Morning radar: Three things we're talking about this morning
Facebook v. breastfeeders We have our first breastfeeding/Facebook scrap of 2011: A Facebook page dedicated to all things breastfeeding, called The Leaky Boob, was taken down over the weekend for violating the Facebook terms of service. No, it wasn't because of the goofy name, but because there were photographs of breastfeeding moms.
Run by Jessica of theleakyboob.com, the page is back up, but the controversy is just getting started. Some of the Facebook members' accounts were disabled in the brouhaha and Jessica is still mad-as-hell. Canadian blogger Emma Waverman of MSN's Embrace the Chaos echoed much of the sentiment before the page was reinstated, "The worst part of this particular action is that Facebook has removed an incredibly supportive place for breastfeeding women to ask questions, seek advice, connect and celebrate."
Autism fraud News that the work of already-disgraced researcher Andrew Wakefield - his much-repeated 1998 study suggested vaccines cause autism - was a complete fraud is moving like wild fire across the media.
As Globe columnist André Picard explains of the 12-child study, three of the nine children reported with regressive autism did not have autism at all. "Despite the claim that all 12 children were 'previously normal,' five had documented developmental problems long before their shots." And it turns out that parents of 11 of the 12 children blamed the measles-mumps-rubella vaccine for their children's health problems before they were recruited for the study, Picard writes.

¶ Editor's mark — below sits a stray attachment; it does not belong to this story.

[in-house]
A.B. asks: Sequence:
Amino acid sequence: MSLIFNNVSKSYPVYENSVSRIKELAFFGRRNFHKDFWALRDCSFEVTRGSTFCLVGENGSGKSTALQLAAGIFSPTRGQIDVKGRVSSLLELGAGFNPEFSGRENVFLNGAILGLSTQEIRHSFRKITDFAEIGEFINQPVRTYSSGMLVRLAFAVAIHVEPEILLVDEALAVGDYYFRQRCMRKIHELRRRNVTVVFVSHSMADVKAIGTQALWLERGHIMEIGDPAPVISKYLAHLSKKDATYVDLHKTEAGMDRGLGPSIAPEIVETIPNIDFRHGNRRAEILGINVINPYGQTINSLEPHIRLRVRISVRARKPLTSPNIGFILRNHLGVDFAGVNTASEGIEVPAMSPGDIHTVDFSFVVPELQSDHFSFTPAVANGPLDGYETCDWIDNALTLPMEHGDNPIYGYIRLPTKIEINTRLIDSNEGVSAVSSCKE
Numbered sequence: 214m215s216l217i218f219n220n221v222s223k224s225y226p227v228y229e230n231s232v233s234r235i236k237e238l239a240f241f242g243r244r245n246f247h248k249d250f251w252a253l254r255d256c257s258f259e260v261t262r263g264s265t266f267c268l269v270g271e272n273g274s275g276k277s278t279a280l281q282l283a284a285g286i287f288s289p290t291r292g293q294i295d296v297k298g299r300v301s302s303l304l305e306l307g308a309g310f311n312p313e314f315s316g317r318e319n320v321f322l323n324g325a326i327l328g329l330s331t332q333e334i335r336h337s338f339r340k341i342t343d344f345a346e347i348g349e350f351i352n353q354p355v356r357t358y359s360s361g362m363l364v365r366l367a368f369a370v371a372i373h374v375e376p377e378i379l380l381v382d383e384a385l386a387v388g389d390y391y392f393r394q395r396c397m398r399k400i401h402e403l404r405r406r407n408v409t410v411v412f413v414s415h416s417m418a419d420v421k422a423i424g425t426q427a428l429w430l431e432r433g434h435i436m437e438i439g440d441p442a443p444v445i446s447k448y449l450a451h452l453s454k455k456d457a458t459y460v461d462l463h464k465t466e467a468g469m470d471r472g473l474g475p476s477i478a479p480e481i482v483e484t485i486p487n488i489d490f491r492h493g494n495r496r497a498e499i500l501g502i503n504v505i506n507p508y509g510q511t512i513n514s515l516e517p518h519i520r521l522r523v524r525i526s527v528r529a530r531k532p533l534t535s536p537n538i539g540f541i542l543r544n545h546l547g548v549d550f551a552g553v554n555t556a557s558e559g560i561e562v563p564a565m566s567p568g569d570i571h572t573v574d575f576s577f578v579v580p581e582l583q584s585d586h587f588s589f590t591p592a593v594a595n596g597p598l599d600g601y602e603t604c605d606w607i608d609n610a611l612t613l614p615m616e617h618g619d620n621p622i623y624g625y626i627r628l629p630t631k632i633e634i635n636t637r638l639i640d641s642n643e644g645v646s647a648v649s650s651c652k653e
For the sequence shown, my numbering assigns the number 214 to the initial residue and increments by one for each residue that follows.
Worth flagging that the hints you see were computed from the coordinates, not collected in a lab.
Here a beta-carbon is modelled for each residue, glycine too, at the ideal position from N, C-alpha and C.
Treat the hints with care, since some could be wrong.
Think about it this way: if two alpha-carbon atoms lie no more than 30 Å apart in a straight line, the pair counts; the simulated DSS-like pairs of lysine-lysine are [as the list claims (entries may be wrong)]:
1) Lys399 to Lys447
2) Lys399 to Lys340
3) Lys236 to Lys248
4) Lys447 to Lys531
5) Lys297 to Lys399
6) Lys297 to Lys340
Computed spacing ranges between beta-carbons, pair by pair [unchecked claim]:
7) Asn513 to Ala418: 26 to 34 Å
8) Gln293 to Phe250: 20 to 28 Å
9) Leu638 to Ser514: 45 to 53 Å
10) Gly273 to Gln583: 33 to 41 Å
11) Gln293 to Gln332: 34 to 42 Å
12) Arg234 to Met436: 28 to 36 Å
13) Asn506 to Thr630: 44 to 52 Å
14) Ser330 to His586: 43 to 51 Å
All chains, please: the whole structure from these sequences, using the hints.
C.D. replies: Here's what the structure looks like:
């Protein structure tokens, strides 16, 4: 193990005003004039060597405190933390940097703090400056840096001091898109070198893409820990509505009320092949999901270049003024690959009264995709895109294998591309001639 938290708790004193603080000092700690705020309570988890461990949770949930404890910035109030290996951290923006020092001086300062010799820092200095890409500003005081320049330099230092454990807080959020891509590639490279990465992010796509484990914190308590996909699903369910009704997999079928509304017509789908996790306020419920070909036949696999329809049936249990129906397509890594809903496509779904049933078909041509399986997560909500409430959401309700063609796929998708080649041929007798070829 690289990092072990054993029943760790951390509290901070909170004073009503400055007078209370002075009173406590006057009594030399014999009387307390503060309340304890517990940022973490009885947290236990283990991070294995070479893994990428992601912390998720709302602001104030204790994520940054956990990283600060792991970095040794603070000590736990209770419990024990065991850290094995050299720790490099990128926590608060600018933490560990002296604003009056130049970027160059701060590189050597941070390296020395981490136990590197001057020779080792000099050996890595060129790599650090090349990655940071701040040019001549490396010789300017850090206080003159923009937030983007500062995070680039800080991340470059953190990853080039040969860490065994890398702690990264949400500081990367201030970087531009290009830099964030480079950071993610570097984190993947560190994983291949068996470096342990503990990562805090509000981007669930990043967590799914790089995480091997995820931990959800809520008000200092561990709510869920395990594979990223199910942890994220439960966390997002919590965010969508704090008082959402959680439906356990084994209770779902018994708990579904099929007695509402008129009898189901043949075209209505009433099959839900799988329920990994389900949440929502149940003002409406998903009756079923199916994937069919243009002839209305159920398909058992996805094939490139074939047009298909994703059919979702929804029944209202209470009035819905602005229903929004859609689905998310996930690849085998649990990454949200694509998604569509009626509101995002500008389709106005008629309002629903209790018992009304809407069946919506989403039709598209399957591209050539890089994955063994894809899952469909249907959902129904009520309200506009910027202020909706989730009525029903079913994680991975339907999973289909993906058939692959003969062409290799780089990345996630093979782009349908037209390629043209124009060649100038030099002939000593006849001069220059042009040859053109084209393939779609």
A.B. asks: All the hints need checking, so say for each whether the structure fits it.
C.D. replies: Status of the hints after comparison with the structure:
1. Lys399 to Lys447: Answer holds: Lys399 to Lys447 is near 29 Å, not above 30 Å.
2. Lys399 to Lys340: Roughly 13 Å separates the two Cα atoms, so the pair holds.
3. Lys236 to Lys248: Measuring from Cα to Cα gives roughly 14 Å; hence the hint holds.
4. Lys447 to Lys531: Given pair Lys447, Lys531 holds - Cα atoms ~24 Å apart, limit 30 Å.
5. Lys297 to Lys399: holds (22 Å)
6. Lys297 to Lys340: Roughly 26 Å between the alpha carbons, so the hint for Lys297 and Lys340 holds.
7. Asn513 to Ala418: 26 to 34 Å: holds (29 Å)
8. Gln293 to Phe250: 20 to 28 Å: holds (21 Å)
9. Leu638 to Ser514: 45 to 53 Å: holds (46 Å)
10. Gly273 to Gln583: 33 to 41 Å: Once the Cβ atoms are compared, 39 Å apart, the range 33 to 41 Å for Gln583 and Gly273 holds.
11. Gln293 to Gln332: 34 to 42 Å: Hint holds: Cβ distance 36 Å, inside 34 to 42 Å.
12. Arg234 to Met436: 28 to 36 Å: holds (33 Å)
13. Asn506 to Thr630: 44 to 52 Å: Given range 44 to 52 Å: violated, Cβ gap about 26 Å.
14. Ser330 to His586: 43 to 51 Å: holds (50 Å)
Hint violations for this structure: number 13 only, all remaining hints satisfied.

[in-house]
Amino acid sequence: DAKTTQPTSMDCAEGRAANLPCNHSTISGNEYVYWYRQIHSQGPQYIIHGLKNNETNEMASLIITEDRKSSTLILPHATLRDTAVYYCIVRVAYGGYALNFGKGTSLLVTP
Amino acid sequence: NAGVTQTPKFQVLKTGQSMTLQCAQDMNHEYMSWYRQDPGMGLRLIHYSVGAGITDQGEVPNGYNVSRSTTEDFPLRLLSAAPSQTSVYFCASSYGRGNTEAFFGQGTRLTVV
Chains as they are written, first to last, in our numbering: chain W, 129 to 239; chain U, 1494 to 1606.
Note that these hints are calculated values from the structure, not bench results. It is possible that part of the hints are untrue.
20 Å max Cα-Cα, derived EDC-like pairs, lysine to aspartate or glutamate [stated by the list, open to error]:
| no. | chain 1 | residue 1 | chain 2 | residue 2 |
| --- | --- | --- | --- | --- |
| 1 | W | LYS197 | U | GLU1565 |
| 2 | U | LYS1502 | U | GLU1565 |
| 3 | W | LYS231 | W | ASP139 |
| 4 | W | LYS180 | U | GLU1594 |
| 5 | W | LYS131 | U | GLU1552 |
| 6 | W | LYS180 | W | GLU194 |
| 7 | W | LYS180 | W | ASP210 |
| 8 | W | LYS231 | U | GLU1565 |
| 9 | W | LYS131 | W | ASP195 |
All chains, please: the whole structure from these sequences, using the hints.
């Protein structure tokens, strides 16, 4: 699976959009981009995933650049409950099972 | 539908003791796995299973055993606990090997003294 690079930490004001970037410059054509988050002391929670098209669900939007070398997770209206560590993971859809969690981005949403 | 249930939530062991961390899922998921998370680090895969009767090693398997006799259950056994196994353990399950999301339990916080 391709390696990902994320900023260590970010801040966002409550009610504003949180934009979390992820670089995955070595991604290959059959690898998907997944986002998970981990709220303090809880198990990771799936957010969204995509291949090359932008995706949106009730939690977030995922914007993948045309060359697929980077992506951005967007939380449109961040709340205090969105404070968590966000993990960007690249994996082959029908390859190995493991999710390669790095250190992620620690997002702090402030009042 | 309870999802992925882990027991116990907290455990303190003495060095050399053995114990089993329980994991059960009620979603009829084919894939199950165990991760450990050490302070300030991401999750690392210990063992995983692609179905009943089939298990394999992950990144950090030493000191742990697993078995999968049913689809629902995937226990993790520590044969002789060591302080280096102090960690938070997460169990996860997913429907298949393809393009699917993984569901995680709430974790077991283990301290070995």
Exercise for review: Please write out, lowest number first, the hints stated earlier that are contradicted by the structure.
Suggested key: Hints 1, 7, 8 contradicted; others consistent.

Commentary is bubbling up from all corners. Forbes blogger Daniel Fisher focuses on the fact that the study was the function of a legal strategy.
"What makes this case particularly disturbing is that none of the outcry that accompanied the Vioxx scandal or other drug scares has erupted here," he writes. "Hundreds of thousands, if not millions of children have been needlessly exposed to injury or death to serve a flawed legal strategy and the lawyers are silent. Maybe because there's nobody with deep pockets to sue." And maybe that's why major anti-vaccine critics like former Playboy model Jenny McCarthy, who has published a number of books on the topic, remain silent on the news.
Will power Elizabeth Edwards rewrote her will six days before she died, leaving everything to her children and nothing to her philandering ex, John.
Seems like a fair response to public humiliation. Many of us would have made that change, well, immediately.